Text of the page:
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Displaying items by tag: Dublin Bay

Patrick Burke's First 40 Prima Forte from the Royal Irish Yacht Club produced a corrected time win of over a minute in a fine turnout of eight Cruisers Zero boats in Thursday's AIB DBSC Summer Series.

Racing took place in light southeasterly winds of about six knots and a flood tide on Dublin Bay.

The results put Burke just a single point behind the overall Thursday leader, Rockabill VI skippered by Paul O'Higgins of the RIYC.

O'Higgins did not compete last night with his JPK10.80 now positioned to West Cork for next week's Calves Week Regatta. 

Second in last night's Race 14 of the series was Chris Power-Smith's J122 Aurelia from the Royal St. George Yacht Club. Third was the late Vincent Farrell's First 40.7 Tsunami from the National Yacht Club

In a nine-boat Cruisers One IRC turnout, Timothy Goodbody's RIYC J109, White Mischief, won from clubmate Colin Byrne in the XP33 Bon Exemple. Third was Andrew Craig's Chimaera.

Lindsay J. Casey was the Cruisers Two race winner in the J97 Windjammer. In the Corby 25 Ruthless, Conor Ronan was second in a seven-boat turnout from Ian Bowring's Sigma 33 Springer.

In the one designs, as Afloat reports here, Ian Mathews and  Keith Poole were the Flying Fifteen winners. 

Full DBSC results below

Published in DBSC
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In a fine 11-boat turnout in IRC One, Colin Byrne's Royal Irish XP33 Bon Exemple beat Paul Barrington's J109 Jalapeno from the National Yacht Club in Saturday's AIB DBSC Summer Series race on July 23rd.

Third was Barrington's clubmate John Hall in the J109 Something Else in the one-and-a-quarter-hour race. 

Winds on Dublin Bay were light and from the southeast. The Race Officer was Con Murphy.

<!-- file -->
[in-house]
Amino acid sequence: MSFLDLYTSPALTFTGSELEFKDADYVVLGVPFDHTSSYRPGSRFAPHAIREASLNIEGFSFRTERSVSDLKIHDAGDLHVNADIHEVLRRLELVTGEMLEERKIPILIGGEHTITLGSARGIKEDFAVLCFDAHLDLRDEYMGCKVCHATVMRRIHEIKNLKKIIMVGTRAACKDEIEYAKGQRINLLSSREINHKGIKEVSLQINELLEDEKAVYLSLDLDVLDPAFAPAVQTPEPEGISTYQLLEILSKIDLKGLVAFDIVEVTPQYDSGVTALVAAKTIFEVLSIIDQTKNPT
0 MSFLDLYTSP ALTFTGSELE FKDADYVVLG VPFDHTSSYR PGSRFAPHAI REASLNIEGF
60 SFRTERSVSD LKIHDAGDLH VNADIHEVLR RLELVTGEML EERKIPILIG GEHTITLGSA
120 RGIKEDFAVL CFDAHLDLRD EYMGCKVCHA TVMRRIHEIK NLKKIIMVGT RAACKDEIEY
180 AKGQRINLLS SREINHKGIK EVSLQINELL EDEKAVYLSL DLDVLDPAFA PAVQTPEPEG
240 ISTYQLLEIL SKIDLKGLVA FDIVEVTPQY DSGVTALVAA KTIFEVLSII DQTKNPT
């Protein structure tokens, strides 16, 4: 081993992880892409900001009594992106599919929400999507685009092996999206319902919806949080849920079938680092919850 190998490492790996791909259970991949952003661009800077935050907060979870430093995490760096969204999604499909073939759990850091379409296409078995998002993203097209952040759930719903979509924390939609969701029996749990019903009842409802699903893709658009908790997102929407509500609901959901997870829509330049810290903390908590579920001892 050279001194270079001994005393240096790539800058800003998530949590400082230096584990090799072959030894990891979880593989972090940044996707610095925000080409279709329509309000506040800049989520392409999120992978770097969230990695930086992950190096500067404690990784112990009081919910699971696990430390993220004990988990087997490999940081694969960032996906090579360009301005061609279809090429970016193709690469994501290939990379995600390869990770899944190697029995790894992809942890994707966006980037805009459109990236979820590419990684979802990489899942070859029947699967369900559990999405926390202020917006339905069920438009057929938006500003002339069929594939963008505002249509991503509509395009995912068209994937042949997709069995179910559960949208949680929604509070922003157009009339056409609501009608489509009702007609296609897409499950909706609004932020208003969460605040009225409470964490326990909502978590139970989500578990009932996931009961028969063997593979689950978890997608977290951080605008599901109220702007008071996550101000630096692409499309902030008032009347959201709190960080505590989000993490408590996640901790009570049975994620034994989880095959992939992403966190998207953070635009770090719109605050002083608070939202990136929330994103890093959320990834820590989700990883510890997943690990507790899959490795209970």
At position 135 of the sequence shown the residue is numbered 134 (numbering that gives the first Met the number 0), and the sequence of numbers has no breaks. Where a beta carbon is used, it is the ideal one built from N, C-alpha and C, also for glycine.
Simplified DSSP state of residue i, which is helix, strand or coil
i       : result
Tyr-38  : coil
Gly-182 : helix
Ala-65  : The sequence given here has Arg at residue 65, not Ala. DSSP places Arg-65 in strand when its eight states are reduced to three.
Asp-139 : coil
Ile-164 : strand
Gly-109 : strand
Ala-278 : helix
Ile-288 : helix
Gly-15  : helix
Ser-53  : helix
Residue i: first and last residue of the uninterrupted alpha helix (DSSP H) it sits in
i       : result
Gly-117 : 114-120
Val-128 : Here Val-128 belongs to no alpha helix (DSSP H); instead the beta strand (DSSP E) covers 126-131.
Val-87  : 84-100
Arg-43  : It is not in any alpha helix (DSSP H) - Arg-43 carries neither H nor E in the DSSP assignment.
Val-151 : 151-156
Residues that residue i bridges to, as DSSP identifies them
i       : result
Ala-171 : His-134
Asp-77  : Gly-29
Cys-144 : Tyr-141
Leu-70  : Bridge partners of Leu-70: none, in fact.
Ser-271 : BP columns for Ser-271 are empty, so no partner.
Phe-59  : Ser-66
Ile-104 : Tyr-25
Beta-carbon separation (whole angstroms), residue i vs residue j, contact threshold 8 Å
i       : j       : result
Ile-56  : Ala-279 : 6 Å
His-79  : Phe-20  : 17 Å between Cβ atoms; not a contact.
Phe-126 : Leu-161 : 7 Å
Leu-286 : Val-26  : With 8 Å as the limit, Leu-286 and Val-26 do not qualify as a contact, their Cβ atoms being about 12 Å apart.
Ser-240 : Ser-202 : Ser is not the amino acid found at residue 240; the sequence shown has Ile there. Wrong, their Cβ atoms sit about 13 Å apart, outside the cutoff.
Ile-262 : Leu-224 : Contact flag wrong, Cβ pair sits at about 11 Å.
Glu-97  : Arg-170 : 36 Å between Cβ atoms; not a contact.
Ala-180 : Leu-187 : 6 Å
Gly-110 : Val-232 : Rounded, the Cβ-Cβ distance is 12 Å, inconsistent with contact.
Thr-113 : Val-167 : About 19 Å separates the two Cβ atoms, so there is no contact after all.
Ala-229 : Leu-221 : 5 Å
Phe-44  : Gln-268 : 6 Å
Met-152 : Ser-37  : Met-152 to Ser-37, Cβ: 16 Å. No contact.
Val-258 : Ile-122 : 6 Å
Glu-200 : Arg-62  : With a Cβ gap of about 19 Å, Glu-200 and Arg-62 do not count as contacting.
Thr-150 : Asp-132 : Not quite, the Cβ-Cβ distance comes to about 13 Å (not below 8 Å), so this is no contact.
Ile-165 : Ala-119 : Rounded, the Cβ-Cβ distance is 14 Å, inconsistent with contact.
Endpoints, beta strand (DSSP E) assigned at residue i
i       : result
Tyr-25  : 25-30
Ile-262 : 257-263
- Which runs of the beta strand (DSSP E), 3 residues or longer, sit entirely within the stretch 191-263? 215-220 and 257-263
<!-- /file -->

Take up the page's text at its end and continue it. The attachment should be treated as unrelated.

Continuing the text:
Lindsay J. Casey's J97 Windjammer was the Cruisers II IRC division winner. The Royal St. George yacht, a double winner of the club's premier Waterhouse shield for the best yacht on handicap, took the gun from Conor Ronan's Corby 25 Ruthless. Third in the 7-boat race was Stephanie Bourke's Sigma 33 Boojum.

Kevin Byrne's  Royal St. George Formula 28 Starlet was the IRC 3 winner from Frazer Meredith's Asterix. Third was Freddie Wood's Black Sheep.

In the One Design fleets, Colin Galavan's Carpe Diem was the winner of a three-boat SB20 fleet.

Full results across all DBSC classes below.

Published in DBSC
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Sixteen Flying Fifteens took to the water for the first July Thursday race of DBSC and needed a second attempt at starting to get the race underway. Race Officer John McNeilly set a simple “triangle – sausage course” using Bulloch, Island and Pier, with the “sausage” being between Pier and Island. There was then a short upwind leg from Pier to the finish. Despite John’s warning of the consequences of an ebbing tide a General Recall was signalled for the first start and thereafter the fleet got underway under a “U” Flag. It is only on review of the results for this report that I see that one boat fell foul of the “U” flag.

The wind was not in accordance with the forecast I use, coming from a SE direction, hence the use of Bulloch as the windward mark. With an ebbing tide all evening, the question was, “Where was the better wind”, which wasn’t in huge supply in the first place. The first beat had crews sitting on the windward deck but that was about as good as it got. At the pin end of the start that got away, we had two boats attempting a port-tack start. One was more successful than the other, Neil Colin & Margaret Casey (4028) clearing the entire fleet off the line. Ben Mulligan & Cormac Bradley (4081) didn’t quite achieve that and had to wend their way through the starboard tack boats to get clear air. Others at the pin end, coming from the committee boat end included Adrian Cooper & Joe McNamara (3896) and Ken Dumpleton & Joe Hickey (3955). These two would dominate the front end of the fleet for the whole night with Adrian & Joe McNamara leading the race around every mark bar the last one, when Ken & Joe took over that mantle.
Having worked their way to the inshore side of the course Colin and Mulligan found that others who had started off inshore were in slightly better shape. In this latter bunch we would find Gerry Ryan & crew (4045) Niall & Susan Coleman (4008), Niall Meagher & Nicki Matthews (3938) and Peter Murphy & Ciara Mulvey (3774). At the rounding of Bulloch the order was Cooper, Dumpleton, Ryan, Colin & Mulligan with Meagher, Coleman, Alistair Court & Conor O’Leary (3753) and Murphy & Mulvey breathing down Mulligan’s neck.